Because the purpose of having written reasons is “not to show how the judge arrived at his or her decision [but] rather to show why the judge made that decision” (emphasis in original), the sole requirement is that the judge demonstrate “a logical connection between the ‘what’ – the verdict – and the ‘why’ – the basis for the verdict.”

The Court also clarified the role of context in a trial judge’s reasons, stating that an evaluation of sufficiency must also look at the trial record, the issues, and the submissions of counsel. The need to consider context when looking at a trial judge’s reasons makes it clear that the judge is not required to provide detailed explanations of every single finding or descriptions of all evidence. The judge is also not required to recite every principle of law, especially if those principles are well-settled and uncontroversial. The level of detail in the judge’s reasons, the Supreme Court explained, will depend circumstantially on whether the basis of the decision is clear from the record.

With regard to whether trial judges should have to explain their findings of credibility, the Court stated that the only requirement is that the judge must show, in the written judgment, that he or she “has seized the substance of the issue.” The Court recognized that a trial judge may make decisions on credibility based on factors that are inarticulable in writing, and it therefore refrained from insisting that judges address contradictory evidence in their reasons; this was the basis of the BCCA’s dissatisfaction with the trial judgments in these cases.

Curiously, in HSB the trial judge submitted two sets of reasons, one dealing with the original evidence and the other dealing with the fresh evidence that the accused lead for his alibi defence. The SCC concluded that, despite the complications that this bifurcation created, it was not fatal to the decision-making. The Court also addressed the curious matter of the trial judge re-opening the trial to accept new evidence after he had already entered a guilty verdict, saying this is “highly unusual and not the desirable way to proceed.”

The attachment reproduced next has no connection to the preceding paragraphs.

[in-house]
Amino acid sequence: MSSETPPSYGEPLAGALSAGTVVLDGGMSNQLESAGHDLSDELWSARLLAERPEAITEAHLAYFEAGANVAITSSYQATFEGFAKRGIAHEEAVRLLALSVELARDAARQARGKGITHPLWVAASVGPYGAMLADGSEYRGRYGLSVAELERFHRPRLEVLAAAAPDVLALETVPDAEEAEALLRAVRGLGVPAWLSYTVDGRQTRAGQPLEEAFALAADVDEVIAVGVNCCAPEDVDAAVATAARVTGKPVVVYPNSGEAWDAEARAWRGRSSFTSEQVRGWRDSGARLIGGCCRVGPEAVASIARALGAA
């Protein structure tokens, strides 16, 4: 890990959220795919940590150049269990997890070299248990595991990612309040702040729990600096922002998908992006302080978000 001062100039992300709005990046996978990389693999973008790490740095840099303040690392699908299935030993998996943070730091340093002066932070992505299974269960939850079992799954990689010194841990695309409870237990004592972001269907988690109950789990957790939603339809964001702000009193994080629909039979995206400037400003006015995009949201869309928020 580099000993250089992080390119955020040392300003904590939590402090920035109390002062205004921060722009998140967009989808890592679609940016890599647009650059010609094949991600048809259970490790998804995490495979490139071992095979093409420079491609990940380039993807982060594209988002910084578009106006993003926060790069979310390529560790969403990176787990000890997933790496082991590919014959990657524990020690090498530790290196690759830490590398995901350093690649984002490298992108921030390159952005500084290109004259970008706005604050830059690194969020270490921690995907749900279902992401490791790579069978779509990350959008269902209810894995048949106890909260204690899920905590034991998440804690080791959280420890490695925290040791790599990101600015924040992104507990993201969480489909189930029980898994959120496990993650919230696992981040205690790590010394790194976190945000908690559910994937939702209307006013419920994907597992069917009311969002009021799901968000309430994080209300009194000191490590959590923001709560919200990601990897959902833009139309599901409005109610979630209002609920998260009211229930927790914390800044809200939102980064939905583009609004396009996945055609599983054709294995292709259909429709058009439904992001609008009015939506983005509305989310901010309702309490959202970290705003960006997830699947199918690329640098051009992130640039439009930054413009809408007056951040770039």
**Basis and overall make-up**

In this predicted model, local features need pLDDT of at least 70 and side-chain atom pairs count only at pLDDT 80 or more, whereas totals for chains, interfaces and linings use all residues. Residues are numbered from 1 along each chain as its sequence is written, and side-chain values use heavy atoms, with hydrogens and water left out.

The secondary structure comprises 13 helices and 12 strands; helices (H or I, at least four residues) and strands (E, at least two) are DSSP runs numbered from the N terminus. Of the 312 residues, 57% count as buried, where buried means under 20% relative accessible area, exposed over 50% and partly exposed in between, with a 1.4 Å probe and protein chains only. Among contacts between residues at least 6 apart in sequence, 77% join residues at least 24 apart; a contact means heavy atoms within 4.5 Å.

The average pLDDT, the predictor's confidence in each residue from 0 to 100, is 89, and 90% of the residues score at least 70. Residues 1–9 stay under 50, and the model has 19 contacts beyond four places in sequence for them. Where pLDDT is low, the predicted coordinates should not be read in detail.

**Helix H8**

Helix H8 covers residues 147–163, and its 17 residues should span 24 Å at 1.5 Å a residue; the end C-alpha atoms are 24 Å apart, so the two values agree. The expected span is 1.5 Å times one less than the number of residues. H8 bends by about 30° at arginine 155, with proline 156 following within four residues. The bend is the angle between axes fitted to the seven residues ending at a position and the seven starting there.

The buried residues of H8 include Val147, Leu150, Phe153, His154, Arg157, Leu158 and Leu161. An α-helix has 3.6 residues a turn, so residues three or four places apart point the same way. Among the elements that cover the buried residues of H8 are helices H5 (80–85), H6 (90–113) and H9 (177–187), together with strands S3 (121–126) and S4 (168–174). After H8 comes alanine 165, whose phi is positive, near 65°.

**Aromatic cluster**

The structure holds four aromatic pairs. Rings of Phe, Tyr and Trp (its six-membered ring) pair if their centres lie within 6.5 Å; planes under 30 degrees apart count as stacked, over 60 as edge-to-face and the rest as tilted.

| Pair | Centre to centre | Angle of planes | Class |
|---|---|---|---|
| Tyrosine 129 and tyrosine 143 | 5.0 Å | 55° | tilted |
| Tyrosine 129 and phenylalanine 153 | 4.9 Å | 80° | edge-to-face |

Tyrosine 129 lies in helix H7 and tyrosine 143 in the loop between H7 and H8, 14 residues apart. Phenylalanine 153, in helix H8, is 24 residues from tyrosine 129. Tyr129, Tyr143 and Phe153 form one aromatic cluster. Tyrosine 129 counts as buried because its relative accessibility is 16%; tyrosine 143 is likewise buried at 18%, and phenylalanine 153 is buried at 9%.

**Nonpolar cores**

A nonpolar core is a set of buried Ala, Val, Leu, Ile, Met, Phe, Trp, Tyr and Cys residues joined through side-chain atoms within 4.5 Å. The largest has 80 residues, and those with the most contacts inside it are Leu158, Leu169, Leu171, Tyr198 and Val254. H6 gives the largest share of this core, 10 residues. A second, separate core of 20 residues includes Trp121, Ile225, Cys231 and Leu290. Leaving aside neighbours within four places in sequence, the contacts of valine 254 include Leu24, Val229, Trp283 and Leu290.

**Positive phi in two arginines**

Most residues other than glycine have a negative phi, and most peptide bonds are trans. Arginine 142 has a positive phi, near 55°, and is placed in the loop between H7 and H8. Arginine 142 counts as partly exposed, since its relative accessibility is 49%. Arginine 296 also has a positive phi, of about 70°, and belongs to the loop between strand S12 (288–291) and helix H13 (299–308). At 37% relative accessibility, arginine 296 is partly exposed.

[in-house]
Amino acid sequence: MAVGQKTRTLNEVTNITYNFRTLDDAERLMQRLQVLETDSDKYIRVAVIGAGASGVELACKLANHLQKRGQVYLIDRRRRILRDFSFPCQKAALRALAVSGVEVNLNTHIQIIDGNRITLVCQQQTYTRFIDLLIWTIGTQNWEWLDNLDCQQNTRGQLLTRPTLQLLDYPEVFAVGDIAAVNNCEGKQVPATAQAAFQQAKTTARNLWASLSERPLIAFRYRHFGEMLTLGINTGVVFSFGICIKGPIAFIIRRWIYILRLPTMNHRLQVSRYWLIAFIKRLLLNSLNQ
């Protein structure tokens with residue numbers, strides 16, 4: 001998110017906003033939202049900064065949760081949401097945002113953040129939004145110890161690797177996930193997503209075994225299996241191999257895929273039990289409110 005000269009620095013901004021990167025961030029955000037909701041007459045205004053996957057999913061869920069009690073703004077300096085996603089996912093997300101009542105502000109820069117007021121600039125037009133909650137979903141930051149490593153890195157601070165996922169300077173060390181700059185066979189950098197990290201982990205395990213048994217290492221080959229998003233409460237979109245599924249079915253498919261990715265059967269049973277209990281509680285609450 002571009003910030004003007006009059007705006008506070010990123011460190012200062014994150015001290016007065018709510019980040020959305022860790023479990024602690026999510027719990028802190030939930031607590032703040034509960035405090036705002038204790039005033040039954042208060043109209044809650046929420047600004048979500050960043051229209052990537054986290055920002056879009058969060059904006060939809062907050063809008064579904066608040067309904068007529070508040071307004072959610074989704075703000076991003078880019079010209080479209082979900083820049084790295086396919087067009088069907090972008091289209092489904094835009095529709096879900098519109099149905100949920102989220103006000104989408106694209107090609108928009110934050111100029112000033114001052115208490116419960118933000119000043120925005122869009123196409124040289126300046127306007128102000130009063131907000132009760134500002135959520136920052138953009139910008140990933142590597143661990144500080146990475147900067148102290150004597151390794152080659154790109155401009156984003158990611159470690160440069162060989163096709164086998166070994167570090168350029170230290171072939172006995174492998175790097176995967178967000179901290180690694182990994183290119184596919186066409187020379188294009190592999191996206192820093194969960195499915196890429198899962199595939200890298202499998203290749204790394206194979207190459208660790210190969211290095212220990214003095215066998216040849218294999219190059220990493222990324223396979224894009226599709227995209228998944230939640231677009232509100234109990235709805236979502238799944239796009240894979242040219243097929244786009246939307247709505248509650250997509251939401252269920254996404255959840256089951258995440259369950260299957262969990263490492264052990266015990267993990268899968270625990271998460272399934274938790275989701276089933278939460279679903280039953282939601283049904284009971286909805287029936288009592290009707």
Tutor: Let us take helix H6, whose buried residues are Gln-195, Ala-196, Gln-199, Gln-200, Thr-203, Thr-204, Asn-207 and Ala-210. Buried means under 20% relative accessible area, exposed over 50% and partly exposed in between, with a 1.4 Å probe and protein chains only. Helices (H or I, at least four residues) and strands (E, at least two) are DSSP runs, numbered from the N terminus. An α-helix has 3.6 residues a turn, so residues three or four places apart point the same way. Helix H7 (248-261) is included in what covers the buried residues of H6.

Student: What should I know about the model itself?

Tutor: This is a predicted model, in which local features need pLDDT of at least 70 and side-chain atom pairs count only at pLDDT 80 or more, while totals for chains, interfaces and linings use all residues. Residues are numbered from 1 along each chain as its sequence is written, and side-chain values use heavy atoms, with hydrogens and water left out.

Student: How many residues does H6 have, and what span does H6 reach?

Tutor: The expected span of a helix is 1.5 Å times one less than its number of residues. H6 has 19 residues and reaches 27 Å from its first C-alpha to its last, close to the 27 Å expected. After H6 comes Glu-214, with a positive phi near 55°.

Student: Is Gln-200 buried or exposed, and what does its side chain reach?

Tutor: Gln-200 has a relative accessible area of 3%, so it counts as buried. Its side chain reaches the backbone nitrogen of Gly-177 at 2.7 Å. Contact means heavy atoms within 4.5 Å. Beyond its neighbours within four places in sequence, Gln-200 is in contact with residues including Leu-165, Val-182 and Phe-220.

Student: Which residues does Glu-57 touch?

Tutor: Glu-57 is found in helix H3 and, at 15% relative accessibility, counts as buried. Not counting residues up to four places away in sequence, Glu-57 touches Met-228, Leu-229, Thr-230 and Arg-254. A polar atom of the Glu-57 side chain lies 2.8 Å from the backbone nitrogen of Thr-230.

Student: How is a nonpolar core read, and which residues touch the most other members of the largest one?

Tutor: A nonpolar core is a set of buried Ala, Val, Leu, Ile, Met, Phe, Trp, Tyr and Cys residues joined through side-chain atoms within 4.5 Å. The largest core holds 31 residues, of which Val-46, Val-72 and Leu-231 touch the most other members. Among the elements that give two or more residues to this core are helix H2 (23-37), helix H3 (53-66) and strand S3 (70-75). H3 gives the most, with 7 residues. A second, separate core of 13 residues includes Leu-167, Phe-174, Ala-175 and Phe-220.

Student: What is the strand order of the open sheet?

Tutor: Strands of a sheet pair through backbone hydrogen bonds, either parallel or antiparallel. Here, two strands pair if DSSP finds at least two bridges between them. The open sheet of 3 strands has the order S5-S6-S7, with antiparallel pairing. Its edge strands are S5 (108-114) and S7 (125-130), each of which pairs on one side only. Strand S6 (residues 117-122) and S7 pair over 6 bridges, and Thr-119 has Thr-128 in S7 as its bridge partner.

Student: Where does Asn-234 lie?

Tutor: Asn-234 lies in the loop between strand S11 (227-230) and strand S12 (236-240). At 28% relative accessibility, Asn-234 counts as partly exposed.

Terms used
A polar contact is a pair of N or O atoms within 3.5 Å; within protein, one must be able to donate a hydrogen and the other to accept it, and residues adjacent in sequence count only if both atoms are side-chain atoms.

The SCC’s judgments in both REM and HSB make it clear that an appellate court’s authority to overturn a trial judge’s decision on the basis of insufficient reasons is severely limited. An appellate court should always show deference to the trial judge, and can only declare her reasons insufficient if they provide no foundation for conviction:

Appellate courts must ask themselves the critical question […]: do the trial judge’s reasons, considered in the context of the evidentiary record, the live issues as they emerged at trial and the submissions of counsel, deprive the appellant of the right to meaningful appellate review?

There is a risk that the Court’s decision in these two cases will lead to barer-boned judgments from trial judges. Now that the Court has allowed the use of the trial record and other contextual instruments to fill in the gaps of a written decision, some trial judges may be tempted to write more skeletal reasons. However, the risk is unlikely and outweighed by the consequences of raising the standard of sufficiency. Require trial judges to write more comprehensive reasons would clog the criminal justice system with retrials, since decisions that did not carefully detail every step of the judge’s reasoning process would be deemed inadequate. Raising the standard would also necessitate greater intervention from appellate courts in evaluating a trial judge’s performance. Instead, the SCC’s decision treats trial judges with greater deference and encourages greater efficiency in the criminal process.